The United States Supreme Court recently decided an important case for non-citizens, lawfully present in the United State, with multiple simple drug possession convictions. In CARACHURI-ROSENDO v. HOLDER, the Court shifted course, and held that a second conviction for simple possession is not necessarily an aggravated felony, and does not necessarily preclude immigration relief , i.e cancellation.
To best illustrate the essence of the holding, a hypothetical is helpful:
In 2003, John, who is in the U.S. legally, is convicted of a marijuana crime in the “state pretend” court. the maximum penalty he could face on the offense is 6 months in prison. Therefore, it is not an aggravated felony under federal law. the judge in state court sentences him to ten days in jail.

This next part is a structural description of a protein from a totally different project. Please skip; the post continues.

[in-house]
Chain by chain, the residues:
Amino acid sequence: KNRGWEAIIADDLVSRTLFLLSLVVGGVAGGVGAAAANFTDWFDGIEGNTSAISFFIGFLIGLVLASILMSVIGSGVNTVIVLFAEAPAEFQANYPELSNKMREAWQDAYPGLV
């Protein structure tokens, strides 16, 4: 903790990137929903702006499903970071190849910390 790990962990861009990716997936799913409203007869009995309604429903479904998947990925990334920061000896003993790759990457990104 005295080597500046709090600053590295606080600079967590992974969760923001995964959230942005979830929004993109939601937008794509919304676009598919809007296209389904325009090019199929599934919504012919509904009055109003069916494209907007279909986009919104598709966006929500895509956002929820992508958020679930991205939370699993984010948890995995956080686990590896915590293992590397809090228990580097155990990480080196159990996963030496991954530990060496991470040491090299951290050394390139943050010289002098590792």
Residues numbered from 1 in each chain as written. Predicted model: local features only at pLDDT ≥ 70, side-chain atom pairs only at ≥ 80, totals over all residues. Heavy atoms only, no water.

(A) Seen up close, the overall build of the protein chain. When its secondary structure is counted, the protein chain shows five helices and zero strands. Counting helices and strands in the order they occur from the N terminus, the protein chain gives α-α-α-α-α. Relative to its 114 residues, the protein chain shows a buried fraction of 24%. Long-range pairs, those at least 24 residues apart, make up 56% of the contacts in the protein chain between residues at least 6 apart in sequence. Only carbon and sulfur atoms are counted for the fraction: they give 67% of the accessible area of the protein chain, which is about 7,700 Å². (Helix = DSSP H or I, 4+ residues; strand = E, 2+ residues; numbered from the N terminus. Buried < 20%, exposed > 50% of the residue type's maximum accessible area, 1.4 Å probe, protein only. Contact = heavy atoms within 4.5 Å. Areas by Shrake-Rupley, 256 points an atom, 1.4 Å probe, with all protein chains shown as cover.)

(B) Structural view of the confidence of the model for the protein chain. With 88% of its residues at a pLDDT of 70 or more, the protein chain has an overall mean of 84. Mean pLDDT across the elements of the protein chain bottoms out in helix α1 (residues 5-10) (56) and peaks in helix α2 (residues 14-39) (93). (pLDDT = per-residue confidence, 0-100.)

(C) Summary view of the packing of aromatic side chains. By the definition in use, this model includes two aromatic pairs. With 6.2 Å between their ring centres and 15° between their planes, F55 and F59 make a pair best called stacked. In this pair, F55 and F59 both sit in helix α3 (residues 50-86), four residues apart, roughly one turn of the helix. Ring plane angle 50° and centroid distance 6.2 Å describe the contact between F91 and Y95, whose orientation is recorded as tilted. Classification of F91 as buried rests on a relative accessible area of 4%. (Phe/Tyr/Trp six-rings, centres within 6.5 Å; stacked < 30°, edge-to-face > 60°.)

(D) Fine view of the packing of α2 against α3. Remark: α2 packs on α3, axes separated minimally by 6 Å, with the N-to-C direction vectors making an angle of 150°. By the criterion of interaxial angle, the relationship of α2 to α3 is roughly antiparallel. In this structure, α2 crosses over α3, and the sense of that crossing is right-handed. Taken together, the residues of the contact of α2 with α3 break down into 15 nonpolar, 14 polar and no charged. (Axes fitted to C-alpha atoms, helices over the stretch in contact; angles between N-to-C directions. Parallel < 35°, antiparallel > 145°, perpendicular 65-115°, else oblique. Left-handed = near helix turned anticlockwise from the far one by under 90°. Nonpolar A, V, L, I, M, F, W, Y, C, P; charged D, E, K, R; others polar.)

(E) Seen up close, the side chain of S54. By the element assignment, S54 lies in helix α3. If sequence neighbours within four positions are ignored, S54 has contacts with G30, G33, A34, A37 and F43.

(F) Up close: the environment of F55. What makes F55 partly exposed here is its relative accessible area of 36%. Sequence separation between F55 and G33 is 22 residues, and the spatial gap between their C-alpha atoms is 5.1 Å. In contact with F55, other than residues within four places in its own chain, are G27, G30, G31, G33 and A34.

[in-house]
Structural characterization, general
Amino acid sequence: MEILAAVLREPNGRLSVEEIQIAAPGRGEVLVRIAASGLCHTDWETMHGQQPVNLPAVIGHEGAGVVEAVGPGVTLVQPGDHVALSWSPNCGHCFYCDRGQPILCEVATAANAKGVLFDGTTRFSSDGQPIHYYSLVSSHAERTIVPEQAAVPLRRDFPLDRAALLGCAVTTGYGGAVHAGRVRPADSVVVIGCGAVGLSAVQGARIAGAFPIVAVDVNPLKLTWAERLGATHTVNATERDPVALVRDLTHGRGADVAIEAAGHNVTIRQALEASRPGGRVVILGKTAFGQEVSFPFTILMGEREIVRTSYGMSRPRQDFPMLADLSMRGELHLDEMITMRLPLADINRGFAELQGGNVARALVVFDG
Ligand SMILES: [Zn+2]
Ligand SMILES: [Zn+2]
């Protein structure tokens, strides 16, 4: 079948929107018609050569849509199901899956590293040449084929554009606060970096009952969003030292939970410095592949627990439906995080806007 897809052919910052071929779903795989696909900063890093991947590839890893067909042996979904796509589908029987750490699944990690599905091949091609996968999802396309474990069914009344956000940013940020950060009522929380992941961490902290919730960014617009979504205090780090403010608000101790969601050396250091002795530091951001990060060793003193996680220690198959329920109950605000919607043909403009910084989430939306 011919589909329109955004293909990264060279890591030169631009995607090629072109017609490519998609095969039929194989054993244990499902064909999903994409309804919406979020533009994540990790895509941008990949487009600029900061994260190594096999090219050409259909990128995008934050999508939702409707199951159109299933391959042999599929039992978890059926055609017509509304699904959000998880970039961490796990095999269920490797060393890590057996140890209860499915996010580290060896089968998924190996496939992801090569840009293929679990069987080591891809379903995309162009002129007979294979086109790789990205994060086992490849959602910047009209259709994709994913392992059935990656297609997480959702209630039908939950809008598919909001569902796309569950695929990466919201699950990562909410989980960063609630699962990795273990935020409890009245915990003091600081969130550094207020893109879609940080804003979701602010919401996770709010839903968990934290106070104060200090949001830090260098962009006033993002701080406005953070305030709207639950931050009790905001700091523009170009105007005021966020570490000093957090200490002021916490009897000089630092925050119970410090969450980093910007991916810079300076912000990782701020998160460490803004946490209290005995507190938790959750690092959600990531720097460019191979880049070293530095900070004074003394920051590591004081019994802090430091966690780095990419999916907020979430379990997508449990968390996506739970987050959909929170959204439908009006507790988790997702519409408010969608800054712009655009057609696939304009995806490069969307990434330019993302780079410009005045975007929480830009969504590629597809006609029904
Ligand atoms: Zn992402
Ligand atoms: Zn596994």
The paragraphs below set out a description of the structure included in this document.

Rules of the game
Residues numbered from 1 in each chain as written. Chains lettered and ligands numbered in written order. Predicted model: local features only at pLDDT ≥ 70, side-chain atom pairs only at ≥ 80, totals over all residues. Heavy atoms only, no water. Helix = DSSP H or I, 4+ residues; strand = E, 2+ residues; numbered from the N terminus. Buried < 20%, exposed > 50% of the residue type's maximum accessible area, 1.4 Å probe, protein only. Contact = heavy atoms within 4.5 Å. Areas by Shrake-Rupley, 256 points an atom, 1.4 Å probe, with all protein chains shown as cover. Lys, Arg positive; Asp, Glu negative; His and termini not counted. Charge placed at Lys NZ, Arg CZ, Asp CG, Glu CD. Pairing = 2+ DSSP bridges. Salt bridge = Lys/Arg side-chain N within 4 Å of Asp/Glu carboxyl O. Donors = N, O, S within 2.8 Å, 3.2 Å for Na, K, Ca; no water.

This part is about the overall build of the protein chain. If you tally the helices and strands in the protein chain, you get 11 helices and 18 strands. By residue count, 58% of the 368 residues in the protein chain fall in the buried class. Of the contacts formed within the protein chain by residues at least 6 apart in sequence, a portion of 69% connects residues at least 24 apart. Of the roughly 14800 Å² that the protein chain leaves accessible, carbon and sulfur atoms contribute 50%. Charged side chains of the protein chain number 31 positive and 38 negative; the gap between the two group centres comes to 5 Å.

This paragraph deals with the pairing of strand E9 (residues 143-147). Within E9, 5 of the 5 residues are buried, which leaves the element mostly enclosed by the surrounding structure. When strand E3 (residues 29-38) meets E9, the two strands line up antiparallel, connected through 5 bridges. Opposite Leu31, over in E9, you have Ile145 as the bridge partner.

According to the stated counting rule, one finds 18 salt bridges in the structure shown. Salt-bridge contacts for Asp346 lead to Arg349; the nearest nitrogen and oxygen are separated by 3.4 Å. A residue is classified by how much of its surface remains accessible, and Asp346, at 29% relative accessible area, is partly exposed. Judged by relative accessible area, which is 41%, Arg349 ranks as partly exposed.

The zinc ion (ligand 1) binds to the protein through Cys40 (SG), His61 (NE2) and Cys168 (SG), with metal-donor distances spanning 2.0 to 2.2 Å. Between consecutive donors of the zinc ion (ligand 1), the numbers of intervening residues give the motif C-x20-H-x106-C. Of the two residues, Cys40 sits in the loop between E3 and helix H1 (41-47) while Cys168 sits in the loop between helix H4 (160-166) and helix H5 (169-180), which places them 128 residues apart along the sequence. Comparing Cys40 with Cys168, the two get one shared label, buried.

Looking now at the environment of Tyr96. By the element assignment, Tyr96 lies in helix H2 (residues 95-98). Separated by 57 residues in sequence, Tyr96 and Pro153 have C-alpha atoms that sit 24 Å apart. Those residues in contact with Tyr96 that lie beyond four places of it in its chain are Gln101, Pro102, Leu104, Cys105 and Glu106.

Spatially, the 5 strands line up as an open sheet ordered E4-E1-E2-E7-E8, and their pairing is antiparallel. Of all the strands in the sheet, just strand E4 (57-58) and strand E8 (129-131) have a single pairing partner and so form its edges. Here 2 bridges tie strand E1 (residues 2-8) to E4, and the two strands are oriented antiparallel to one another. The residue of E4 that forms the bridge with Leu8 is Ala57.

In 2005, John is again arrested for the same offense. In state pretend, a second offense in this instance could be enhanced, and he could be sentenced to 2 years in jail. However, state pretend prosecution does not prosecute on this basis and he pleads guilty to the 6 months version of this offense. He is sentenced to 20 days in jail.
Prior to this recent Supreme Court decision, John would have been deportable. However, the court held in CARACHURI-ROSENDO v. HOLDER, that second offense for a simple possession crime that would not ordinarily subject the defendant to a year or more of prison, does not become an aggravated felony for removal purposes, unless the state used the evidence of the prior conviction in the second case.
It is important to understand that a crime that is punishable by a year or more in prison is still considered an aggravated felony. But this new case law provides some relief to those non-citizens who have got involved in minor drug arrest where the possible punishment was less than a year, and the quantities were small.